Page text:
croquetmanual

D. found an old croquet set, which was really two or three croquet sets jumbled together. We grabbed our gin tonics and took it outside to the back to set up. I rummaged through while she Dennis put the wickets into the ground, and found an old instruction manual. It was from 1887, a fact which D. just shrugged at. “It’s not that we don’t think it’s cool, it’s just that everything in this house is old. Everything.” I flipped through and read aloud particularly awesome excerpts.

‘Charming!’ is the universal exclamation of all who play or witness the playing of CROQUET…One prime feature of CROQUET is that it is an outdoor sport in which ladies and gentlemen, boys and girls may alike engage. Hitherto, while men and boys have had their healthful means of recreation in the open air, the women and girls have been restricted to the less exhilarating sports of indoor life; or, if they ventured out, all their participation in the healthful outdoor amusement and exercise was the tame and unsatisfactory position of lookers-on.”

“When one considers how much real enjoyment and healthful exercise from such a collection of simple articles, that they are a protection from evil influences by keeping all members of the household ranks, and that with rational amusements at home, no one will be inclined to seek irrational ones abroad, we think a great inducement is presented for the general adoption of croquet.

In short, “We are allowing women to get out of the kitchen and actually have some fun. Yay for us! Also, get the whole family involved so they don’t go out and get in trouble with the boys.”

Our game proceeded at a leisurely pace. The light turned golden, and the only sounds were those of the birds, the neighbors talking on their front porch (though we couldn’t see them through the trees), and the low drone of boats returning home to their docks.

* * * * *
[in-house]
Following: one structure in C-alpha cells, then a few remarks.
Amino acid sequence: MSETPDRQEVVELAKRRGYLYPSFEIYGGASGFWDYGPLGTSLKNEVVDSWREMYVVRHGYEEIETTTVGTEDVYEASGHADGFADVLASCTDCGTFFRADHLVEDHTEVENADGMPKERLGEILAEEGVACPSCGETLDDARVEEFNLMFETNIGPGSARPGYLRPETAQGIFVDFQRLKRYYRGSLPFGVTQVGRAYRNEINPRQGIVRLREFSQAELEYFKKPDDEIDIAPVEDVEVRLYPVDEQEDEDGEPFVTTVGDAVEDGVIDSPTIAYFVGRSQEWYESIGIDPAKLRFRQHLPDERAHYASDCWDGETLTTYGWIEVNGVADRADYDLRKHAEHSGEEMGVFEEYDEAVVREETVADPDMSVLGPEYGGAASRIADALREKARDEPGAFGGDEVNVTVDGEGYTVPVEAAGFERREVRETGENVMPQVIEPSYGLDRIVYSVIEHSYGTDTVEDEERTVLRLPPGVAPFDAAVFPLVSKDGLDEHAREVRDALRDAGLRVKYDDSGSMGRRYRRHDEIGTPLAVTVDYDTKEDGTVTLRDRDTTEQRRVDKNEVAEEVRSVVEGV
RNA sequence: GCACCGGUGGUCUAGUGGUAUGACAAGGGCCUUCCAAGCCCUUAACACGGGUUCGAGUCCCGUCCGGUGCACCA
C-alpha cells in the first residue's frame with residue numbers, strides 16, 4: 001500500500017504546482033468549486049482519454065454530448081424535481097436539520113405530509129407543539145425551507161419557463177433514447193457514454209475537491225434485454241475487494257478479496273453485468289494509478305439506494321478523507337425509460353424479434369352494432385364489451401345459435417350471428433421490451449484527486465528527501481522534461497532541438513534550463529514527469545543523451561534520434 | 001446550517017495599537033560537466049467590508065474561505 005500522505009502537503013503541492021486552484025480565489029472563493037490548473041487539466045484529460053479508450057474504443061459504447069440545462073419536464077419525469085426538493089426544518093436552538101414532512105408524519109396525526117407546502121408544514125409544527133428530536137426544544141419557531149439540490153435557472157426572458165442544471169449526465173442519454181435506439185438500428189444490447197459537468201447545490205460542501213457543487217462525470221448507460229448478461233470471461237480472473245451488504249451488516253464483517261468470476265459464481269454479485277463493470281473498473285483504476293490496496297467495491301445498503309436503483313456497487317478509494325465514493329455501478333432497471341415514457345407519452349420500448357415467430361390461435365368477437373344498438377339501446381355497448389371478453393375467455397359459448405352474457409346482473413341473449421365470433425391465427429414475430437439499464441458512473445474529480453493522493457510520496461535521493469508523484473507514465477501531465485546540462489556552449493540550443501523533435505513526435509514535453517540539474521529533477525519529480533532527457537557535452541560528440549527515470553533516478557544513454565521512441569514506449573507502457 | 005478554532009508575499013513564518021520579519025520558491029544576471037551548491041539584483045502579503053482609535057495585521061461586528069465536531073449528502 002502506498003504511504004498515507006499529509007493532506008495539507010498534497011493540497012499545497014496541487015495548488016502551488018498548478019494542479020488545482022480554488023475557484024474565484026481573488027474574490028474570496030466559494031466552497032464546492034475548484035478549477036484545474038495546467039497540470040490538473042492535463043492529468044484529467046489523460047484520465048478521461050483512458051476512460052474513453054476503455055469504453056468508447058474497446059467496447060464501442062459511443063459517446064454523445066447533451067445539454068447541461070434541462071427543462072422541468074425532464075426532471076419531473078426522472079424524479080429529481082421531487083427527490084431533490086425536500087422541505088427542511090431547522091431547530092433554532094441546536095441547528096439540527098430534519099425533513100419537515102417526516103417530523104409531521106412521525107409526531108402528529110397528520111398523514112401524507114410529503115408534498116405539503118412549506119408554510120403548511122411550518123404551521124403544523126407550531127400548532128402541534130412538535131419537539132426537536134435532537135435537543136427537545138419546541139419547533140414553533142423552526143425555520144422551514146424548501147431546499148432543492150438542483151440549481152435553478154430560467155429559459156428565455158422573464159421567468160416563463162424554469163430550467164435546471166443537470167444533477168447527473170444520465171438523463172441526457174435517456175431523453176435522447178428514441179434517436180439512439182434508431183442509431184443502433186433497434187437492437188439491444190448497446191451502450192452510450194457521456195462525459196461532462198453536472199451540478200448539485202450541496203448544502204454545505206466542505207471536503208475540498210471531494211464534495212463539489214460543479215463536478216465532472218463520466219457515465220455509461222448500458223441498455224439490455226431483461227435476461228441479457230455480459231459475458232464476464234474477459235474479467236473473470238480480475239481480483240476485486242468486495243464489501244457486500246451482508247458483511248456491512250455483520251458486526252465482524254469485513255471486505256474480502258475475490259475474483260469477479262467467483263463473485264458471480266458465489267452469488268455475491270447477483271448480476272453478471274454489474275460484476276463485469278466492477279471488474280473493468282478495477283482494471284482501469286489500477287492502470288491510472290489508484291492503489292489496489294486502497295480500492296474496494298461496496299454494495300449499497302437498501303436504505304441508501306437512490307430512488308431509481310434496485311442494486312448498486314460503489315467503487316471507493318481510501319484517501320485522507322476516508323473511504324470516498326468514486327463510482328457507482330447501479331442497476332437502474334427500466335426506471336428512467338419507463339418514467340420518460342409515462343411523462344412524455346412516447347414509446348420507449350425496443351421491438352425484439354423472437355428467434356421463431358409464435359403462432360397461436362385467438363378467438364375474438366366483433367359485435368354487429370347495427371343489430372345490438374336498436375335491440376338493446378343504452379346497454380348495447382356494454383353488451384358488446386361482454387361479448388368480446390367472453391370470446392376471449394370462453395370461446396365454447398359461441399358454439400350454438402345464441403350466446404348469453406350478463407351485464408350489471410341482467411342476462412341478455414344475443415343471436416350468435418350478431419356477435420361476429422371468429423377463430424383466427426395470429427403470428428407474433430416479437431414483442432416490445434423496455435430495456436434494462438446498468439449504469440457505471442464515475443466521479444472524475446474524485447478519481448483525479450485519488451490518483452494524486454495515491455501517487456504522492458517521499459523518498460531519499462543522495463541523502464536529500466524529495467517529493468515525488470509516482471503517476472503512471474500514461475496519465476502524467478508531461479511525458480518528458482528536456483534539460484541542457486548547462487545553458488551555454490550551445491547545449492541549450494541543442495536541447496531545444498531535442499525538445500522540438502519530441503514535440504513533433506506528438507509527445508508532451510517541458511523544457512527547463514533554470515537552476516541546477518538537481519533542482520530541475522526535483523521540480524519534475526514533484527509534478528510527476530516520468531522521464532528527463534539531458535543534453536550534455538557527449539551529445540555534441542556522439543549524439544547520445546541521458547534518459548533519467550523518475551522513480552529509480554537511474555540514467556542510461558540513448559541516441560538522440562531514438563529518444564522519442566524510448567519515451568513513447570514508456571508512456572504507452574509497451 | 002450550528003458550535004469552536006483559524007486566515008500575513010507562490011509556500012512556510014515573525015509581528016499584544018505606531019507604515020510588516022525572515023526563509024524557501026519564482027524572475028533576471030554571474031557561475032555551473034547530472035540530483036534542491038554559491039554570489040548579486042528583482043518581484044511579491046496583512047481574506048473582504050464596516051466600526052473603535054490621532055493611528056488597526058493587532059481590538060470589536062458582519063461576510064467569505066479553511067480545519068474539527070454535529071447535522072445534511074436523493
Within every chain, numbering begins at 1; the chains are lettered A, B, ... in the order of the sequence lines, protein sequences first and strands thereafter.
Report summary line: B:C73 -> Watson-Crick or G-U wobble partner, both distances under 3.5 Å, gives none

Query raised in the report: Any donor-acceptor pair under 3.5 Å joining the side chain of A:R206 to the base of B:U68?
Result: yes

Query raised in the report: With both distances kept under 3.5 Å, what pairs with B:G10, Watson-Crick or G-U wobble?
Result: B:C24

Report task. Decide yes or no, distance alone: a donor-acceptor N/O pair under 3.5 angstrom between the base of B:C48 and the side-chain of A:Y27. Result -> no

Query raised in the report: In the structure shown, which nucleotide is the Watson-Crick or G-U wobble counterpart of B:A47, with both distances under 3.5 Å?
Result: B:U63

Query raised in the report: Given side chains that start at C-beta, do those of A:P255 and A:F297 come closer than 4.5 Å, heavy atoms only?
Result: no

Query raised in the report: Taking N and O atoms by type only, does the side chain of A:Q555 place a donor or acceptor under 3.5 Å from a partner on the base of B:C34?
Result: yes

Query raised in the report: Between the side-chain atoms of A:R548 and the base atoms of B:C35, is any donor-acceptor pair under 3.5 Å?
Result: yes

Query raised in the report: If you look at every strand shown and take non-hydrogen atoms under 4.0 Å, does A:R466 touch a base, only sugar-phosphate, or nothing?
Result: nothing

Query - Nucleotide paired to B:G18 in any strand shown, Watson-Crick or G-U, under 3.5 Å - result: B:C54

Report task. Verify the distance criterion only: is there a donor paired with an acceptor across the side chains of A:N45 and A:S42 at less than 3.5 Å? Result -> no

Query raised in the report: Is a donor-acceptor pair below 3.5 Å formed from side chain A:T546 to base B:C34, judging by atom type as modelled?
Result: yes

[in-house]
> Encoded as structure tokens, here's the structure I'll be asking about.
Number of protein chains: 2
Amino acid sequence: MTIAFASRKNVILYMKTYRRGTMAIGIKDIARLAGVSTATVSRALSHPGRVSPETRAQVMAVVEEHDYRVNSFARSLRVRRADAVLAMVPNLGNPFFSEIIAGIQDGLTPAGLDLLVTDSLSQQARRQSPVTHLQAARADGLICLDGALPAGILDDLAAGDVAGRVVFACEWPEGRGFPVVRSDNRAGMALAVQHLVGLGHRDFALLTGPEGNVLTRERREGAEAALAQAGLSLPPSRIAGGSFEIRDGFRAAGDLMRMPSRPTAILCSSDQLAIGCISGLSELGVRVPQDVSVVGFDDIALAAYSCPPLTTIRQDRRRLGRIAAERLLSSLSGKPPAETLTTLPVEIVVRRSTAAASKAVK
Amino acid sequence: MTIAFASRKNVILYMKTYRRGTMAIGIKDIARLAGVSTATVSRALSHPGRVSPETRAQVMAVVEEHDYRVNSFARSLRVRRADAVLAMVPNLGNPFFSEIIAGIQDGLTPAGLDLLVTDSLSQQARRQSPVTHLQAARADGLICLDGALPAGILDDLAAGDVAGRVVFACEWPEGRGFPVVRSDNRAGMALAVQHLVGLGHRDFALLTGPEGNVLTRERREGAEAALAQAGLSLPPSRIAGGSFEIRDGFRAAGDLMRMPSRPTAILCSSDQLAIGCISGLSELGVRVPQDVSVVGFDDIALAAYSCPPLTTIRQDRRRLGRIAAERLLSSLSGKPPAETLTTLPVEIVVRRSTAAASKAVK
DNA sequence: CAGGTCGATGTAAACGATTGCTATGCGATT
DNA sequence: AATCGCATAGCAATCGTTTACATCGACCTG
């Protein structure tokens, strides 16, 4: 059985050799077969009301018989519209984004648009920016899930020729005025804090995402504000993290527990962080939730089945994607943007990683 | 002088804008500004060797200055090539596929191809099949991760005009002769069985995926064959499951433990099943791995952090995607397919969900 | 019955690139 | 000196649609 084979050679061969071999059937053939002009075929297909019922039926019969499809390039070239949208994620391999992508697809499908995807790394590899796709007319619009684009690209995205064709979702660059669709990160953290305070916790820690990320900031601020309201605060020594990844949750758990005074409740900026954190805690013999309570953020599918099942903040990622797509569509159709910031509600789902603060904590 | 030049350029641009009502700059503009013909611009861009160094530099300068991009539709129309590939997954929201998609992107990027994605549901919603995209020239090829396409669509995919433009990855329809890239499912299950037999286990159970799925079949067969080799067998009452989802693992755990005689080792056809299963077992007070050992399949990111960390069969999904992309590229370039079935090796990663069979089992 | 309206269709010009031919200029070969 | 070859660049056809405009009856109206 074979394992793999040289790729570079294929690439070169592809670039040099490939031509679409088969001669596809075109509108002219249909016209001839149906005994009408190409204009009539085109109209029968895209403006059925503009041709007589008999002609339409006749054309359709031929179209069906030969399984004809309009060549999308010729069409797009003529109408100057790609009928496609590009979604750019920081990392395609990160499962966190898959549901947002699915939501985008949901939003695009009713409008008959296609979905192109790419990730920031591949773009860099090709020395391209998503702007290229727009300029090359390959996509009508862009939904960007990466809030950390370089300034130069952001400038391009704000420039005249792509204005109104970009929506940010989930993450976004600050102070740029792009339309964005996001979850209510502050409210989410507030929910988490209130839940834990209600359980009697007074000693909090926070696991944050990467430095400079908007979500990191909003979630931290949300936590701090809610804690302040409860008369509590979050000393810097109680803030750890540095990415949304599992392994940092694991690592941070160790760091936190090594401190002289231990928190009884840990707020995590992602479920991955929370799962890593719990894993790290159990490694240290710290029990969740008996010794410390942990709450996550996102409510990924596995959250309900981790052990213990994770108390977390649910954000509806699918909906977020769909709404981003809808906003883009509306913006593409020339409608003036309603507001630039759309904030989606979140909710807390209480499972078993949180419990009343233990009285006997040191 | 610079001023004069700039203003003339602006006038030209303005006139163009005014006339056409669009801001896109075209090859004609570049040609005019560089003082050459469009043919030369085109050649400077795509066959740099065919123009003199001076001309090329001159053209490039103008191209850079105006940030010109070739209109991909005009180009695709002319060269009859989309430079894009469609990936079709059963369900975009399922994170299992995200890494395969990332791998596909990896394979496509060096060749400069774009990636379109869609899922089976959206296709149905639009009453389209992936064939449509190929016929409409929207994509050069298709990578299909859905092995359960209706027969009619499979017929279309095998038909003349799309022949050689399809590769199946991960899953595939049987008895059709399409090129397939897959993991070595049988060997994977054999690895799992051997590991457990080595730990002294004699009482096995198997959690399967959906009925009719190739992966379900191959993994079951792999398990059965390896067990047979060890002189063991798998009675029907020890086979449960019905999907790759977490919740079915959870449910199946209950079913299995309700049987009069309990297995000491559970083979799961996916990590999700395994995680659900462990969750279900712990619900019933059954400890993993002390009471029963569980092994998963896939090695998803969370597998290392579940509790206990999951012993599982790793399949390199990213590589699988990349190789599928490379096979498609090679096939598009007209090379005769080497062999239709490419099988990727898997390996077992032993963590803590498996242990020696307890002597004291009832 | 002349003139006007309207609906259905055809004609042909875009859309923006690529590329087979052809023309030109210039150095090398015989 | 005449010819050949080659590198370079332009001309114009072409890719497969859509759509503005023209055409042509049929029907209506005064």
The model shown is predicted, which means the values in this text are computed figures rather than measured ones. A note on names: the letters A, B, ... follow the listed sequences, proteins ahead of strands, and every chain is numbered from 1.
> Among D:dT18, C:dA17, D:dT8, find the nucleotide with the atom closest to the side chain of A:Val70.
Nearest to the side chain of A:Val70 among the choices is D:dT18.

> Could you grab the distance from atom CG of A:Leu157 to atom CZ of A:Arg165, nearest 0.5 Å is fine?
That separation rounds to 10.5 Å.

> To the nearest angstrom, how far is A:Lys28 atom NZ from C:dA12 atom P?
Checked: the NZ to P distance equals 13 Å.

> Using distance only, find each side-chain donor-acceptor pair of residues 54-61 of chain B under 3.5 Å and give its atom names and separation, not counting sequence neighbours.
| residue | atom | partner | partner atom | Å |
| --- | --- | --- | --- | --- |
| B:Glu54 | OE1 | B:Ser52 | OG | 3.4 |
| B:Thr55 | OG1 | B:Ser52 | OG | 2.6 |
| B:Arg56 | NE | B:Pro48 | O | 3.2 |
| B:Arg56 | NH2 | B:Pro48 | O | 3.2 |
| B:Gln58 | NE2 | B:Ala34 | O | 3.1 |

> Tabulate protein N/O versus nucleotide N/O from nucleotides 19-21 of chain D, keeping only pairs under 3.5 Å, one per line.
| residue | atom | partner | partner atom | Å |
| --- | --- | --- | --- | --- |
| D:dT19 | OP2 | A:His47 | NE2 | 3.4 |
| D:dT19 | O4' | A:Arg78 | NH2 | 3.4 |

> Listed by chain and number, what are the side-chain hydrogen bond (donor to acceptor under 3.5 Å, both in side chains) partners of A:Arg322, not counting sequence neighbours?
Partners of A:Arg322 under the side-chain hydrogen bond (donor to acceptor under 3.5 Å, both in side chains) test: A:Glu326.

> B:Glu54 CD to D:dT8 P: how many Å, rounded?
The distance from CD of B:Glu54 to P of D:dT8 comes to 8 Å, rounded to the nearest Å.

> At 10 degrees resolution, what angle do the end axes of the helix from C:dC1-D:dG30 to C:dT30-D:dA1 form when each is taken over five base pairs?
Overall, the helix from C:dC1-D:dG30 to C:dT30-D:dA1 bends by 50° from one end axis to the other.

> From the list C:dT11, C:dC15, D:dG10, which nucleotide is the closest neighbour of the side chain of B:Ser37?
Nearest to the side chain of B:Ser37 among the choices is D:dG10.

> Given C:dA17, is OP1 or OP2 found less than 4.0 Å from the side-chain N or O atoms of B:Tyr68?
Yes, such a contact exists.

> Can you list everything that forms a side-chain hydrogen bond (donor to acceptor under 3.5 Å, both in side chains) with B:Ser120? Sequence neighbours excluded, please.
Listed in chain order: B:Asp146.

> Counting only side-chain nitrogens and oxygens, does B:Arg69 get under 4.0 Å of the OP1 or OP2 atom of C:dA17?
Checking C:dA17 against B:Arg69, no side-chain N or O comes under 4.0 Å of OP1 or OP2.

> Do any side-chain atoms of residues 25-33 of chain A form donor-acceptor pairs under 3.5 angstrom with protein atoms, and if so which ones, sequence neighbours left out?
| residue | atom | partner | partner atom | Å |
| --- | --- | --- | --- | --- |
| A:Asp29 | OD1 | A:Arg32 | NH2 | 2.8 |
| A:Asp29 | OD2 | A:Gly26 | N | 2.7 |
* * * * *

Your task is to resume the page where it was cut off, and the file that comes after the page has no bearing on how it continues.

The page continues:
After dinner, the whole family and I were sitting in the living room and talking, and I started to explore the bookshelf behind me. I pulled old tomes off one by one, looking for edition dates, each more fantastic than the next: 1940, 1918 and 1886 all came up. I found an edition of Vanity Fair from the 1860’s, and read passages from an epic about an army crossing the desert, with the “indifferent stars” above them. The whole family got into it, pulling more books off the shelf.

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“Gosh, I haven’t looked at that bookshelf in probably thirty years,” D.’s father said. The whole family is so used to growing up surrounded by these old things, that they failed to even notice anymore.

D.’s grandmother, who’s been coming to this house since she married in the forties, pulled out an old album and showed us black and white pictures of serious-faced family members lounging on the same porch, under the same Virginia creeper, toddlers in elaborate white dresses sitting together on logs, the family posing together in front of their brownstone on west 57th Street in New York City.

I was utterly amazed by this family history. I loved that they had always had this home base. They could pack their things and move, shedding possessions, but nothing every changed or moved in this house that they came back to every summer. The faded art deco posters tacked to the wall and even the curtains just stayed the same, like an old friend waiting for you every year in the summer.

When everyone went to bed, D. and I took her dad’s iPad outside with the Star Walk app and studied the clear, bright stars and the Milky Way showing up ever-so-faintly against the inky blue sky. No city light pollution here. The next morning we started the day with yoga on the water break.

By the time we left the next afternoon to go back to the city, I was utterly refreshed. No, we hadn’t taken showers all weekend. Why bother when the the house’s water was being pumped straight from the lake in which we had just swam? Yes, there were insects hiding in the corners of the stairwell, moths fluttering at the lights–the walls were only nominal barriers between us and the outdoors. There were no TV’s, and no reason to ever put on our shoes. The only concern was from which way the wind was coming so it could catch the sails of our little boat and push us across the lake.

There was no reason to worry or think. Just float in the cool, clean water of the lake and dream.